It’s more than just a storage space: El Centro serves as a space for Latinx identities

El Centro, located in Martin Hall, serves as a space for Latinx students on campus to hold meetings, get assistance with academics and relax. Currently the space is acting as a storage area.

Julissa Garcia

A need for a space for Latinx identities on Iowa State’s campus was voiced through a proposal in the late 1990s.

Despite these efforts, the vision for a student space has recently turned into storage.

El Centro was established in 1992 with the purpose of being a place for students to study, create new relationships and share cultural views.

Once established at Iowa State, the space was placed in Beardshear Hall. In 2004, it was relocated to Martin Hall.

In 2018, El Centro was revived in the spring semester with the hope of reviving the emphasis of the original purpose.

An assessment given at the revival event compiled survey results from various students and staff of what they want to see for the future of El Centro. The survey’s findings showed people want to see a bigger space, as the space currently only accommodates 10 people.

“It is a very small space, so I can see why majority of the participants want a bigger space,” said Berenice Real, second year graduate student in student affairs and member of the El Centro Committee .

Real explained the countless efforts being done to create a bigger space. She said it is a slow process to receive confirmation for a bigger space.

“Institutional change is pretty slow,” Real said. “Student involvement and support is vital to the future of El Centro, not only for a bigger space but for decisions regarding El Centro.”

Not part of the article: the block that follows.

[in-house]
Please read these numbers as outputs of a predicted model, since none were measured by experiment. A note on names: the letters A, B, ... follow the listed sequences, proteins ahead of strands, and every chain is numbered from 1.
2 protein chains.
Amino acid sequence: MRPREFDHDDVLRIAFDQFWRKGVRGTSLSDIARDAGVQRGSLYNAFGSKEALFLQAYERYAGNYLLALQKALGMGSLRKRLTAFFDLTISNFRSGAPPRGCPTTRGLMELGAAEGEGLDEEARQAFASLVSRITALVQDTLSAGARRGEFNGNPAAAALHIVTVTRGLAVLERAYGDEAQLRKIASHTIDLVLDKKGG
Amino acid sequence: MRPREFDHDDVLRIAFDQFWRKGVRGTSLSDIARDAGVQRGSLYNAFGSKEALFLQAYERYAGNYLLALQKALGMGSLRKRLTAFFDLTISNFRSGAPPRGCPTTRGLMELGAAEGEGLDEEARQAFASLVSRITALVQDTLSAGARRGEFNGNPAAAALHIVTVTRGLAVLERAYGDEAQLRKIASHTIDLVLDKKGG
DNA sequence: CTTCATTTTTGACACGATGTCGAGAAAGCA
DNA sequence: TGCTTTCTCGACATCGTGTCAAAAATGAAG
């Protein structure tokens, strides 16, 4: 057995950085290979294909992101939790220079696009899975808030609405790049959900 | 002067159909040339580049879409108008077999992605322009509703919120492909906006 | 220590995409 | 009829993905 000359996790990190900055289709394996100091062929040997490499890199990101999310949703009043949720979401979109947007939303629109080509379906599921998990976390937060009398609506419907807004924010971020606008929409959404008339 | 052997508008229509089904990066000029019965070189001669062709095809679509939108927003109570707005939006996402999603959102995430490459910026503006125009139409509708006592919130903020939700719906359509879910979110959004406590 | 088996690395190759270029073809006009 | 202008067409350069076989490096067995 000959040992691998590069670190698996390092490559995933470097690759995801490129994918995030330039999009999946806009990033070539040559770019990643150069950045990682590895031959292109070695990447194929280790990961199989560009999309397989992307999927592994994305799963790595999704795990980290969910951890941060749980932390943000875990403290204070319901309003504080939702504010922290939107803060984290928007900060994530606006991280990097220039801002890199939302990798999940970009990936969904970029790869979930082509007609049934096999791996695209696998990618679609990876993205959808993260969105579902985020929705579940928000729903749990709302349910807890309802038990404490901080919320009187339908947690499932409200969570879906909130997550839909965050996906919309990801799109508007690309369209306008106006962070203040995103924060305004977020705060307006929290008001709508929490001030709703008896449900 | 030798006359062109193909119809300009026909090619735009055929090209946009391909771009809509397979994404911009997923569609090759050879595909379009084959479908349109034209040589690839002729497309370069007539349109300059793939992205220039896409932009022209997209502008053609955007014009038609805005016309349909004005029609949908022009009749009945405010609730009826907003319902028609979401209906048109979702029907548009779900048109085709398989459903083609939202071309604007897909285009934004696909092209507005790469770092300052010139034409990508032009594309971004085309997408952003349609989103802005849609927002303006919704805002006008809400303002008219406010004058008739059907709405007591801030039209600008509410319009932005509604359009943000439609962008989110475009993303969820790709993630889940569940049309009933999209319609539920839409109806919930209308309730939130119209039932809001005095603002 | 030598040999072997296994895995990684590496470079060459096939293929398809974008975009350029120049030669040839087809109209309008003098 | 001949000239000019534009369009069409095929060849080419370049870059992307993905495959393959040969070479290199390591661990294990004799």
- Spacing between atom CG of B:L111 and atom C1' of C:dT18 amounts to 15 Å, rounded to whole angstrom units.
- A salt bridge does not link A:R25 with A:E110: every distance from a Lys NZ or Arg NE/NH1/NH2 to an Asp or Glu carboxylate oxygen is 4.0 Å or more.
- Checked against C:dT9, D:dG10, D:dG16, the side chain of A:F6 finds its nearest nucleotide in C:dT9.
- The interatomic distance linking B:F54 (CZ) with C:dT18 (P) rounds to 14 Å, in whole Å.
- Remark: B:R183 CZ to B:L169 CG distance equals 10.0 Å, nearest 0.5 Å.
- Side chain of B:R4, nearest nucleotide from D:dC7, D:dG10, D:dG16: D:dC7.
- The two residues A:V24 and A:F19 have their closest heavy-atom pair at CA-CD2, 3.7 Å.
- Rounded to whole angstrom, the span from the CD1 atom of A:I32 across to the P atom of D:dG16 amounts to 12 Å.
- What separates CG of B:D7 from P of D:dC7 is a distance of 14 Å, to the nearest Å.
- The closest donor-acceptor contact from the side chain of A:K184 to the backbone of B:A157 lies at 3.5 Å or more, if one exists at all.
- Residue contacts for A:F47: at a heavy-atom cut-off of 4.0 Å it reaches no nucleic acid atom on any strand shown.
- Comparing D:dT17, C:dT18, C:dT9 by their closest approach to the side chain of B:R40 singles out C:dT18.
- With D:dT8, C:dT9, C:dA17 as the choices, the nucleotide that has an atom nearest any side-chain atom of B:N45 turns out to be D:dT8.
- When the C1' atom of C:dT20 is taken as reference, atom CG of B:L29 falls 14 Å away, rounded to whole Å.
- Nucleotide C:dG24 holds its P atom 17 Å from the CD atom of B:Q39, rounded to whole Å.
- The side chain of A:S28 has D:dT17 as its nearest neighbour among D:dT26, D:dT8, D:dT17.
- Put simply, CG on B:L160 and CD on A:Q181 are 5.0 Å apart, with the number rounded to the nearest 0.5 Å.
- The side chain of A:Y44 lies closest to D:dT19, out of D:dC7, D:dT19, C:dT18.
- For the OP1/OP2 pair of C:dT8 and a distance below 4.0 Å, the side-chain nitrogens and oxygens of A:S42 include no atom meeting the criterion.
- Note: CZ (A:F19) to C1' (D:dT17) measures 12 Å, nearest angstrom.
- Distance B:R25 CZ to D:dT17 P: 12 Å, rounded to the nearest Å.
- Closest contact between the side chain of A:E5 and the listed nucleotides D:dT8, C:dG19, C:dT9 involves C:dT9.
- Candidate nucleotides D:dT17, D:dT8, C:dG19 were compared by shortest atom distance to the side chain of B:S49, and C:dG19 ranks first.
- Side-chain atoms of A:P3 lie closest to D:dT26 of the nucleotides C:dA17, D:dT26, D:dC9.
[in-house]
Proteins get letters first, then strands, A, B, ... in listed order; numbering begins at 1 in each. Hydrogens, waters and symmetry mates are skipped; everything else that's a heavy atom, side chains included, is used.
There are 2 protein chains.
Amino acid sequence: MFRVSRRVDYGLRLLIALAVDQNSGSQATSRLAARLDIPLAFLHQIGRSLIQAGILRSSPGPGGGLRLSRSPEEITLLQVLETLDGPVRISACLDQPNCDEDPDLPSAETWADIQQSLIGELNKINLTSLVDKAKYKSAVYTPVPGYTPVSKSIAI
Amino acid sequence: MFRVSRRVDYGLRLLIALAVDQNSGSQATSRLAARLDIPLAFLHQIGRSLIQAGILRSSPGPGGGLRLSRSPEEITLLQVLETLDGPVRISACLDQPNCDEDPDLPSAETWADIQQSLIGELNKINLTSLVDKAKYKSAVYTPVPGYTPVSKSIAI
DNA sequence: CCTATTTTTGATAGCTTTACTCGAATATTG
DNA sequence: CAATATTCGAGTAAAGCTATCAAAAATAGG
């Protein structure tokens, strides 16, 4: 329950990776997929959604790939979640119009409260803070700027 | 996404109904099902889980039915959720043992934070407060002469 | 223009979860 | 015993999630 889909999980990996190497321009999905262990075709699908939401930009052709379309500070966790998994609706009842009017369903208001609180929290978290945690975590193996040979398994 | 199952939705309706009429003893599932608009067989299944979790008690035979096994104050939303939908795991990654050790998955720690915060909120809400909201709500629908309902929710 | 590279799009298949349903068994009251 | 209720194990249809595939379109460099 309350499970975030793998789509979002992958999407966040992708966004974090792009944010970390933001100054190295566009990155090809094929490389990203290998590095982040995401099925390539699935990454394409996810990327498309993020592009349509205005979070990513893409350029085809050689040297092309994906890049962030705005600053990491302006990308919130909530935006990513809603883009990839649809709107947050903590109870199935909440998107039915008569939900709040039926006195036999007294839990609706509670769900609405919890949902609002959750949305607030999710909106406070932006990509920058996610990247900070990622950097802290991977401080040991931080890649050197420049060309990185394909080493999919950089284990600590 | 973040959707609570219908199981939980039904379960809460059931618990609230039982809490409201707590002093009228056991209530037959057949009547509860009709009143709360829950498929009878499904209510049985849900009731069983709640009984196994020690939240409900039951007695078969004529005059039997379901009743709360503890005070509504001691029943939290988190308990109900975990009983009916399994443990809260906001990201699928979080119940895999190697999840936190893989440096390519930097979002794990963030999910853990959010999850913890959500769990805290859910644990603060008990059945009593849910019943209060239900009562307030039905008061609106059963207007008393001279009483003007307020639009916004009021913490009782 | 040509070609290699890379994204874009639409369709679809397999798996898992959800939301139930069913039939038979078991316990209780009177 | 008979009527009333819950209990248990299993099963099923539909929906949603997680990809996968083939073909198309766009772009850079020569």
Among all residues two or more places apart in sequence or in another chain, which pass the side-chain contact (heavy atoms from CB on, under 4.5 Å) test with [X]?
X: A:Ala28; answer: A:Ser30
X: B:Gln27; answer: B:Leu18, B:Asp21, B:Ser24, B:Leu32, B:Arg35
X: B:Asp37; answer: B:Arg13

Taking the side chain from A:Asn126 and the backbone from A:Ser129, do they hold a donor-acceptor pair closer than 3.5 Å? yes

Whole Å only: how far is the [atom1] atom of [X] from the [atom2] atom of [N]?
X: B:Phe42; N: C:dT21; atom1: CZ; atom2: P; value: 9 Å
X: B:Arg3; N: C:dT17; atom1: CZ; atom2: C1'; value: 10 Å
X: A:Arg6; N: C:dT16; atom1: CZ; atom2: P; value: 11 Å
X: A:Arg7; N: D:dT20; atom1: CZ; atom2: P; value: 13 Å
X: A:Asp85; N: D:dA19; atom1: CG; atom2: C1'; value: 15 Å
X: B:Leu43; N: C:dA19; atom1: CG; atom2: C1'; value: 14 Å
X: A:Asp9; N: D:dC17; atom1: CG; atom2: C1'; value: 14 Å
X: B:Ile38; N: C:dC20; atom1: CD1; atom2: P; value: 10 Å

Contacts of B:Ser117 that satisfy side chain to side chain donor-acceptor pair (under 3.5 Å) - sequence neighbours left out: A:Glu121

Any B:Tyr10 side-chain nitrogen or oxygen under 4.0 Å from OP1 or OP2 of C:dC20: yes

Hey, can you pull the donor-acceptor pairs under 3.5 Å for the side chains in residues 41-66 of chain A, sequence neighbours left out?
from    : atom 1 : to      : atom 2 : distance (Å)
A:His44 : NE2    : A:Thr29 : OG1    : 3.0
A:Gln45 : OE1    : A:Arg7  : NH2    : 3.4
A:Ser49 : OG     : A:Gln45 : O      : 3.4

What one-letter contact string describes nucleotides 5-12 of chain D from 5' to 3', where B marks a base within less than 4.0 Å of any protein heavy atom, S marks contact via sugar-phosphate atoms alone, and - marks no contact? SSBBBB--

Currently, there are efforts by the committee to begin a name change process. The committee had recently sent out a survey with the hopes of gathering student input in the new name selection.

“The El Centro committee wants to change the name because ‘El Centro’ translated to English is The Center,” Real said. “The name can confuse unfamiliar students with ‘The Center,’ the space that LGBTQIA+ Student Success has provided for LGBTQIA+ identifying students.”

When deciding how to remodel the space, students filled out another survey to choose their favorite style. Majority chose in favor of a design that incorporated couches, a table and chairs. The redesign from the survey findings occurred this past summer.

“We want students to make the decisions,” Real said. “It’s very intentional to allow students to have a voice.”

Even after the redesign, Latinx student organizations are continuing to utilize El Centro as a storage space since the clubs and organizations do not have other options for storage.

Real said the purpose of the redesign was to better serve students and promote interest for students to utilize the space for their academic or social needs.

Real said it is on students to want the space as well.

“It is not the most accessible, but it’s a start and we need to start somewhere,” Real said.

Accessibility has discouraged students from using El Centro. Since it is located in a residence hall, students are only allowed to use the space before the front doors lock at 11 p.m.

Students only have access to the actual room if their name and ID number is on the access roster. A card swiper is needed in order for students with their name on the list to gain entrance into the space.

Students’ names were compiled on a list at the beginning of the semester if they expressed interest through email, though students are still more than welcome to join the roster.

The El Centro committee hopes to gain students’ attention to the space through their current and upcoming initiatives. For the committee, the ultimate goal is to gain a larger space similar to the Black Cultural Center located on Welch.

For Real, the first goal she would like to see is public acknowledgment of El Centro as a Latinx affinity space.

“I just want to see El Centro advertised more and used by students,” Real said.

It is important for students to know that this place exists and why it exists. While in her last year of her graduate program, Real hopes the committee can create change.

“If it’s not us, no one will do it.”